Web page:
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Commonly Used Terms

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Community Service - A special condition the court imposes that requires an individual to work – without pay – for a civic or nonprofit organization.

Mental Health Treatment - A special condition the court imposes to require an individual to undergo evaluation and treatment for a mental disorder. Treatment may include psychiatric, psychological, and sex offense-specific evaluations, inpatient or outpatient counseling, and medication.

Parole - The release of a prison inmate – granted by the U.S. Parole Commission – after the inmate has completed part of his or her sentence in a federal prison. When the parolee is released to the community, he or she is placed under the supervision of a U.S. probation officer. The Sentencing Reform Act of 1984 abolished parole in favor of a determinate sentencing system in which the sentence is set by sentencing guidelines. Now, without the option of parole, the term of imprisonment the court imposes is the actual time the person spends in prison.

Pretrial Services - A function of the federal courts that takes place at the very start of the criminal justice process – after a person has been arrested and charged with a federal crime and before he or she goes to trial. Pretrial services officers focus on investigating the backgrounds of these persons to help the court determine whether to release or detain them while they await trial. The decision is based on whether these individuals are likely to flee or pose a threat to the community. If the court orders release, a pretrial services officer supervises the person in the community until he or she returns to court.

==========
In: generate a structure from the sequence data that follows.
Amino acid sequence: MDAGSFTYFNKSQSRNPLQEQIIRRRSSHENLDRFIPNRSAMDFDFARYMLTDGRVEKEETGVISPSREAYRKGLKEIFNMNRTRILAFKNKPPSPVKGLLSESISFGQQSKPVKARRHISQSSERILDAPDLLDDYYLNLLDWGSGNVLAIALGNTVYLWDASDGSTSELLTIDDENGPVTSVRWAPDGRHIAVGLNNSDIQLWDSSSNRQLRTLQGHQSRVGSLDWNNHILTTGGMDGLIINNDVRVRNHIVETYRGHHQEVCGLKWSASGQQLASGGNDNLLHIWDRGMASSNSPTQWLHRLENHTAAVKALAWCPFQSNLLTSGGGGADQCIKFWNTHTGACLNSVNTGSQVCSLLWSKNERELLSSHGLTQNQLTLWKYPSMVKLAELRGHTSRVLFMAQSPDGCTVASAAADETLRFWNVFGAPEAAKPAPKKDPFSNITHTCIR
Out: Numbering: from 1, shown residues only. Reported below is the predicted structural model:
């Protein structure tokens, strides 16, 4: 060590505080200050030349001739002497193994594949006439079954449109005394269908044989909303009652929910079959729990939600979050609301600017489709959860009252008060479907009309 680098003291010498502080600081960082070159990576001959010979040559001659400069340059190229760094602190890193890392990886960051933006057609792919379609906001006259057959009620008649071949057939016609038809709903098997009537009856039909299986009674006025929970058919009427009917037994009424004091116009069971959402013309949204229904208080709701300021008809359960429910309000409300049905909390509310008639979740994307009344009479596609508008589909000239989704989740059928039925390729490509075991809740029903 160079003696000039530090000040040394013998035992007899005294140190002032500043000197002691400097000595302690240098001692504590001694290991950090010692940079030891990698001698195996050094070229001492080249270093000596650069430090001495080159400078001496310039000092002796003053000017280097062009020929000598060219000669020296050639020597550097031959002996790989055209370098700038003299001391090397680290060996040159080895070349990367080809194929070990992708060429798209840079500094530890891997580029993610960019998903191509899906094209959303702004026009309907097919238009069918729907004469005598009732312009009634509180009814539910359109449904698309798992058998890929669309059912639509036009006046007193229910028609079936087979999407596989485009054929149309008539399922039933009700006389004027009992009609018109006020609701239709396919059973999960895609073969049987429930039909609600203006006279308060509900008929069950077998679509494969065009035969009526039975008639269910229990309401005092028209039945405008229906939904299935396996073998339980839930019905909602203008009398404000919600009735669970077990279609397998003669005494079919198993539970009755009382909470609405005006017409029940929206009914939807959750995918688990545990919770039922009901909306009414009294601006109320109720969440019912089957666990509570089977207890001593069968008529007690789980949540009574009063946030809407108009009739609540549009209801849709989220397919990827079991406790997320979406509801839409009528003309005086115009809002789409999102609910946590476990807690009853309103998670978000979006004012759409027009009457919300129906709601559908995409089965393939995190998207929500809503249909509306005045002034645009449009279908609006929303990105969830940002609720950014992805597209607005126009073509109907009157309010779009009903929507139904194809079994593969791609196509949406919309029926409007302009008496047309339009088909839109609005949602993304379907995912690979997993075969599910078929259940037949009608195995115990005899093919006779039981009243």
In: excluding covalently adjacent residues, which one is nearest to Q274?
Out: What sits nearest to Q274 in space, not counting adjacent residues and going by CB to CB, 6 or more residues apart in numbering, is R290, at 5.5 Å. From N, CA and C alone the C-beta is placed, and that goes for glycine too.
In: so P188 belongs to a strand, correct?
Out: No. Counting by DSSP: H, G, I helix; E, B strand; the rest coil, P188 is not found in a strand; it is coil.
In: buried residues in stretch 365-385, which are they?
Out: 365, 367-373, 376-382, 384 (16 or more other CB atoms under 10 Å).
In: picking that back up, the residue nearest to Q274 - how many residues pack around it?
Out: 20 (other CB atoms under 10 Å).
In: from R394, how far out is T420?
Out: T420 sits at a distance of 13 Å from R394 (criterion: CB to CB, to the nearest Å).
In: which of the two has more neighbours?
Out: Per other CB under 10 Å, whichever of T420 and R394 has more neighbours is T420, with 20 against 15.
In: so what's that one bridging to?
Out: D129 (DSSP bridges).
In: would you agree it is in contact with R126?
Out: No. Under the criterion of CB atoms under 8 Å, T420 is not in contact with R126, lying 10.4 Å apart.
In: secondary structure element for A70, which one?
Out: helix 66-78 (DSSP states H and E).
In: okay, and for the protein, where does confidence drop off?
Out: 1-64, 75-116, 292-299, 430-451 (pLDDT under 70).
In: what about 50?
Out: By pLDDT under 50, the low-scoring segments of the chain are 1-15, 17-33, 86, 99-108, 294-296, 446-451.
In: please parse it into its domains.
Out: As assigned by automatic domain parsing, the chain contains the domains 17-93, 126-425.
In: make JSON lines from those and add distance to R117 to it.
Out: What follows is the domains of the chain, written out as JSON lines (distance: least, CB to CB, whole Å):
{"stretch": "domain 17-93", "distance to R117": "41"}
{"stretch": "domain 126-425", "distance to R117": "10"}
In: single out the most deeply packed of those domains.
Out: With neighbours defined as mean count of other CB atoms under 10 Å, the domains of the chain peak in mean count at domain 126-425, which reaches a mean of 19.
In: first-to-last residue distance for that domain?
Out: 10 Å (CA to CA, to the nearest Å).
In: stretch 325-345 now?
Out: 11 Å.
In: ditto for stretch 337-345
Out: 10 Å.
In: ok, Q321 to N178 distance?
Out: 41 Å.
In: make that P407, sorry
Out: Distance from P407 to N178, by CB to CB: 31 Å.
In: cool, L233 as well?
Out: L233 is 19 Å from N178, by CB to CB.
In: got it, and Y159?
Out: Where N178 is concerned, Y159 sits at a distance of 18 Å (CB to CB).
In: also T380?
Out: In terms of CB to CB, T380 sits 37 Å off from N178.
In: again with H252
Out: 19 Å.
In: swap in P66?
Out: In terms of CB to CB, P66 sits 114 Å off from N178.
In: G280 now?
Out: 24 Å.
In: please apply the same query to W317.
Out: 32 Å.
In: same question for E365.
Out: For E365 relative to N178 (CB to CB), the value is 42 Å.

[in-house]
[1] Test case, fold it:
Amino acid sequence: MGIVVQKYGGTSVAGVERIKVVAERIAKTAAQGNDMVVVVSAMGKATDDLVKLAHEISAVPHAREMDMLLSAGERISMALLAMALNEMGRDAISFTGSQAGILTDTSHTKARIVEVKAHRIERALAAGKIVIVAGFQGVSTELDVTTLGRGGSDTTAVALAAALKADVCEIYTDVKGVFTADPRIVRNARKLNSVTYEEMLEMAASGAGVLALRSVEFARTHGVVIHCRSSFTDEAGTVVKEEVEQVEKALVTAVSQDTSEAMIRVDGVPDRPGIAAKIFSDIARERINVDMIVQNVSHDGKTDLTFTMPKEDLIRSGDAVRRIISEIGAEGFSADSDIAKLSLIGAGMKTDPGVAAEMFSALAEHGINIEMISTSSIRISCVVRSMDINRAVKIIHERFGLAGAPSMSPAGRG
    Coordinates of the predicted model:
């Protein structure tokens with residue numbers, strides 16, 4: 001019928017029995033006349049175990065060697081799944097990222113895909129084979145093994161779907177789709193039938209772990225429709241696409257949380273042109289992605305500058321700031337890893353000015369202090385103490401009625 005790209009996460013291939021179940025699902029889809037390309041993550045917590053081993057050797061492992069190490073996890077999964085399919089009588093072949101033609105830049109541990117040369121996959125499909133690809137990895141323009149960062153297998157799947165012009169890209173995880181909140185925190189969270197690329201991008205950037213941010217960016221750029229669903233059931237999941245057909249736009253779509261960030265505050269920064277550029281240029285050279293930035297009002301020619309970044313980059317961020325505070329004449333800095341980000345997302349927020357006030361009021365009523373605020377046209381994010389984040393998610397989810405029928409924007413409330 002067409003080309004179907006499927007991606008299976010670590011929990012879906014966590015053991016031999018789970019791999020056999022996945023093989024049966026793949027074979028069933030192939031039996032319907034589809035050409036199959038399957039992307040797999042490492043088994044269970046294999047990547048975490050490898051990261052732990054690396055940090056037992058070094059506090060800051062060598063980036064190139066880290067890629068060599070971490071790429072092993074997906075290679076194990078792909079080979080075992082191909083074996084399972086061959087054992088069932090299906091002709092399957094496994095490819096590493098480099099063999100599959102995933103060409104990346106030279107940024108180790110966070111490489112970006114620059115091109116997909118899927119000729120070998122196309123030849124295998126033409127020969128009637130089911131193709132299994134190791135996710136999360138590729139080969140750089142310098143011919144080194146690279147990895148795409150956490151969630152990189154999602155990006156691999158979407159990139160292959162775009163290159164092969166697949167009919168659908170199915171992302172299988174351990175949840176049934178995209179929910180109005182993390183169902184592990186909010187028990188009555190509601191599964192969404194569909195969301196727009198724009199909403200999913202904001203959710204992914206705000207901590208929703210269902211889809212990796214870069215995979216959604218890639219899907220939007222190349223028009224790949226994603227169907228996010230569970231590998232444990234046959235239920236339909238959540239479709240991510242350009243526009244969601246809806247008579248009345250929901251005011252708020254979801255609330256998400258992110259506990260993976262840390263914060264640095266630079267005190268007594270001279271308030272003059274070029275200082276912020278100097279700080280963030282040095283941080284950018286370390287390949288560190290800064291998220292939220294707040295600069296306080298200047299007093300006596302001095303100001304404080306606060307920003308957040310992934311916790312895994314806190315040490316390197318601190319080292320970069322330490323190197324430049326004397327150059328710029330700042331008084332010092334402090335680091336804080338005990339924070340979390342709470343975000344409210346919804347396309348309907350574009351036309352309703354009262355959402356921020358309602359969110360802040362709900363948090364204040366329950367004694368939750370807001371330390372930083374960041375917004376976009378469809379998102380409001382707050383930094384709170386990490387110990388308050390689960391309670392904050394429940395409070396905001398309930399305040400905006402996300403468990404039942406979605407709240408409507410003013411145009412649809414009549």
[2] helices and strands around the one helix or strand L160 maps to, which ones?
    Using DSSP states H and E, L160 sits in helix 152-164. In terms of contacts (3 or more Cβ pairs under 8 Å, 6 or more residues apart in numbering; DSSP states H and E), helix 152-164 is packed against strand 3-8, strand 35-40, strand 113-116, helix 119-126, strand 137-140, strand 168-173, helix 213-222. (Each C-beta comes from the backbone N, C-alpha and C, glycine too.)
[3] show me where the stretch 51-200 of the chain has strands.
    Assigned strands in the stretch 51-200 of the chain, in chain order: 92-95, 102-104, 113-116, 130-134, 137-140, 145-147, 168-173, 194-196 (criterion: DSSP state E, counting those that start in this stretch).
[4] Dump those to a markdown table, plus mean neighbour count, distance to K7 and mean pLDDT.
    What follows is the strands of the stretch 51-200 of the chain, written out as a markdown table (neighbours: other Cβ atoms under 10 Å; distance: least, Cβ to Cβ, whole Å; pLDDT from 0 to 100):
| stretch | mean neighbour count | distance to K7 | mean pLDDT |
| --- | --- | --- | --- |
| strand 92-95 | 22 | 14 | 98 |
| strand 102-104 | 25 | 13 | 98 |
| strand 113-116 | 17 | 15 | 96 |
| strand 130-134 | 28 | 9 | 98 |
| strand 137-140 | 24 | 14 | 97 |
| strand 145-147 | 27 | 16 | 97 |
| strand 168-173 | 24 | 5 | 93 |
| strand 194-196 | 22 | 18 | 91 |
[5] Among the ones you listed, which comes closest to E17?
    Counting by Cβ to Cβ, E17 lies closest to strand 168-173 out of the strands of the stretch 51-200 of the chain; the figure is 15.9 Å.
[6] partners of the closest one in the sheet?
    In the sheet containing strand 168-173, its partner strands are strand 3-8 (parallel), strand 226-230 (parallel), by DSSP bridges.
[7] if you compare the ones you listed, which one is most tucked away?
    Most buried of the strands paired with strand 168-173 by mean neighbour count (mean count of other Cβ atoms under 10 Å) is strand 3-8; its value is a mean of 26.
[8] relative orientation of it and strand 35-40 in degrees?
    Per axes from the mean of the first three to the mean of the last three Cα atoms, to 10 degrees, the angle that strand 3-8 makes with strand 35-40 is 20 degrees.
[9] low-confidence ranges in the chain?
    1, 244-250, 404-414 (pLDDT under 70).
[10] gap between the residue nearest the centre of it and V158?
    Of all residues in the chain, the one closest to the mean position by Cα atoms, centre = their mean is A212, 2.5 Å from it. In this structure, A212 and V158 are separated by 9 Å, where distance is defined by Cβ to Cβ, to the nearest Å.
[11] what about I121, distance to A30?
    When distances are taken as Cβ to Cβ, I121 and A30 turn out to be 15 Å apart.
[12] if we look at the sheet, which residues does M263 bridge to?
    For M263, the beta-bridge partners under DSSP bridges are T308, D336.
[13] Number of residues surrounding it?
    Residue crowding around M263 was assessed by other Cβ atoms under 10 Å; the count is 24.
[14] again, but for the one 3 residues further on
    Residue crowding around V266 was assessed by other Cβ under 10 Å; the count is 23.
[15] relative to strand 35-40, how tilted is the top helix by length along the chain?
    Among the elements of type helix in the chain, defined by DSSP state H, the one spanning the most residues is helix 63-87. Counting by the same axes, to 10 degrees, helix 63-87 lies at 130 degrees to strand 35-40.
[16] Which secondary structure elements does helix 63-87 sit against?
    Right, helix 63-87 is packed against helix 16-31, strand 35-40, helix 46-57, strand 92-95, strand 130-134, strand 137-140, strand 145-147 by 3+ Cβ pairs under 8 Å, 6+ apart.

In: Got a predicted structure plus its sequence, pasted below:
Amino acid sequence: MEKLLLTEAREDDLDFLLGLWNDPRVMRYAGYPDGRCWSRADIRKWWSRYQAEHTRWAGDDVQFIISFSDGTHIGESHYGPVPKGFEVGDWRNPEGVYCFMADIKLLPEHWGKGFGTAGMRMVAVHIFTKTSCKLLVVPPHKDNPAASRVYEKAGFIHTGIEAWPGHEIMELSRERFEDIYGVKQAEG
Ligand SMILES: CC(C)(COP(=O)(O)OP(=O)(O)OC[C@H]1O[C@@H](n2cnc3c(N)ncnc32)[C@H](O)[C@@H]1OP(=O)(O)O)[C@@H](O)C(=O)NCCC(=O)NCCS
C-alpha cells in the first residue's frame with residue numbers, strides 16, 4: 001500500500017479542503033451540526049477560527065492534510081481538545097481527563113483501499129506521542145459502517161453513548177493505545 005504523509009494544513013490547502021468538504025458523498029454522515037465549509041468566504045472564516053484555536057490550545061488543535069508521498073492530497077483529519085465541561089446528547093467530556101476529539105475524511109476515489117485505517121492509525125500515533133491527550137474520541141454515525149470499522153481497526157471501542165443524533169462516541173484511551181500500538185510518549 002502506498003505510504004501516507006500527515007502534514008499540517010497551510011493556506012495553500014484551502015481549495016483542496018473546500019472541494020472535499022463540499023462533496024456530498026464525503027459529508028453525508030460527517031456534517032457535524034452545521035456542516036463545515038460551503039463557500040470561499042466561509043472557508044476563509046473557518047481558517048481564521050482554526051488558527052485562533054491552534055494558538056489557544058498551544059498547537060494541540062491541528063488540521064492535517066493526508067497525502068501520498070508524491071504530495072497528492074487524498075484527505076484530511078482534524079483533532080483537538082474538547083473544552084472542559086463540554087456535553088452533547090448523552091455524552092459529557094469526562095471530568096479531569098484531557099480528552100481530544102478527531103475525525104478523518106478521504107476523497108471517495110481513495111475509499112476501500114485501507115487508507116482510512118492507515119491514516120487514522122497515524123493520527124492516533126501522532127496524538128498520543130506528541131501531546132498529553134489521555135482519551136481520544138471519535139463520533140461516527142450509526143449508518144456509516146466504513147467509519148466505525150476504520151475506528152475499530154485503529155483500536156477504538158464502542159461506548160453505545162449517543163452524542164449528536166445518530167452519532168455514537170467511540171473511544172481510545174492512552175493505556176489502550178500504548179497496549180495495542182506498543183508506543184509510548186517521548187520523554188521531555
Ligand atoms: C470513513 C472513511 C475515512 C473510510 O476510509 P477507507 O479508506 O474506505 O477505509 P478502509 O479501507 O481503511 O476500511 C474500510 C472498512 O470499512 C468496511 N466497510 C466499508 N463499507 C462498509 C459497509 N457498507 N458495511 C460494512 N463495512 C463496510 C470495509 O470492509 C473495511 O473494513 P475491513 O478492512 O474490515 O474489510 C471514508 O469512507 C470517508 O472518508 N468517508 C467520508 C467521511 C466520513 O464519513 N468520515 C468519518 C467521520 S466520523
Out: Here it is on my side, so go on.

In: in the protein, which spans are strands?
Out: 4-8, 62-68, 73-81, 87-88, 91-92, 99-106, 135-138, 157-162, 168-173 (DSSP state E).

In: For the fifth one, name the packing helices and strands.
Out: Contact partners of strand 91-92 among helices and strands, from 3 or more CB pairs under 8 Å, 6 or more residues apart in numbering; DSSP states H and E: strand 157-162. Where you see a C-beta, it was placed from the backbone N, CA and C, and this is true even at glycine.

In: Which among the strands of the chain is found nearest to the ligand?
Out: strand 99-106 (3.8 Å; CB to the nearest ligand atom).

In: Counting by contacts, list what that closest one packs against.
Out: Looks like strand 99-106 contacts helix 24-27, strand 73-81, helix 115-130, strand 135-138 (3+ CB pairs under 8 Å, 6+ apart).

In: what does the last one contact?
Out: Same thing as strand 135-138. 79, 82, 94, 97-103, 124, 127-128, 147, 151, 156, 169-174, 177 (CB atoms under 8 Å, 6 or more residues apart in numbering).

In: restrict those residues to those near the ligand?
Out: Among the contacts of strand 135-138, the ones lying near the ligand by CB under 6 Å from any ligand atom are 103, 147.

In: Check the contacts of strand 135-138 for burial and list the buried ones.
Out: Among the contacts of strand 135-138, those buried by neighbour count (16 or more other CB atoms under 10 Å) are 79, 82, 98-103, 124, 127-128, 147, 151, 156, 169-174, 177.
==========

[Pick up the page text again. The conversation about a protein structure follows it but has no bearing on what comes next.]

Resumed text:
Probation - A sentencing option in the federal courts. With probation, instead of sending an individual to prison, the court releases the person to the community and orders him or her to complete a period of supervision monitored by a U.S. probation officer and to abide by certain conditions.

Substance Abuse Treatment - A special condition the court imposes that requires an individual to undergo testing and treatment for abuse of illegal drugs, prescription drugs, or alcohol. Treatment may include inpatient or outpatient counseling and detoxification.

Supervised Release - A term of supervision served after a person is released from prison. The court imposes supervised release during sentencing in addition to the sentence of imprisonment. Unlike parole, supervised release does not replace a portion of the sentence of imprisonment but is in addition to the time spent in prison. U.S. probation officers supervise persons on supervised release.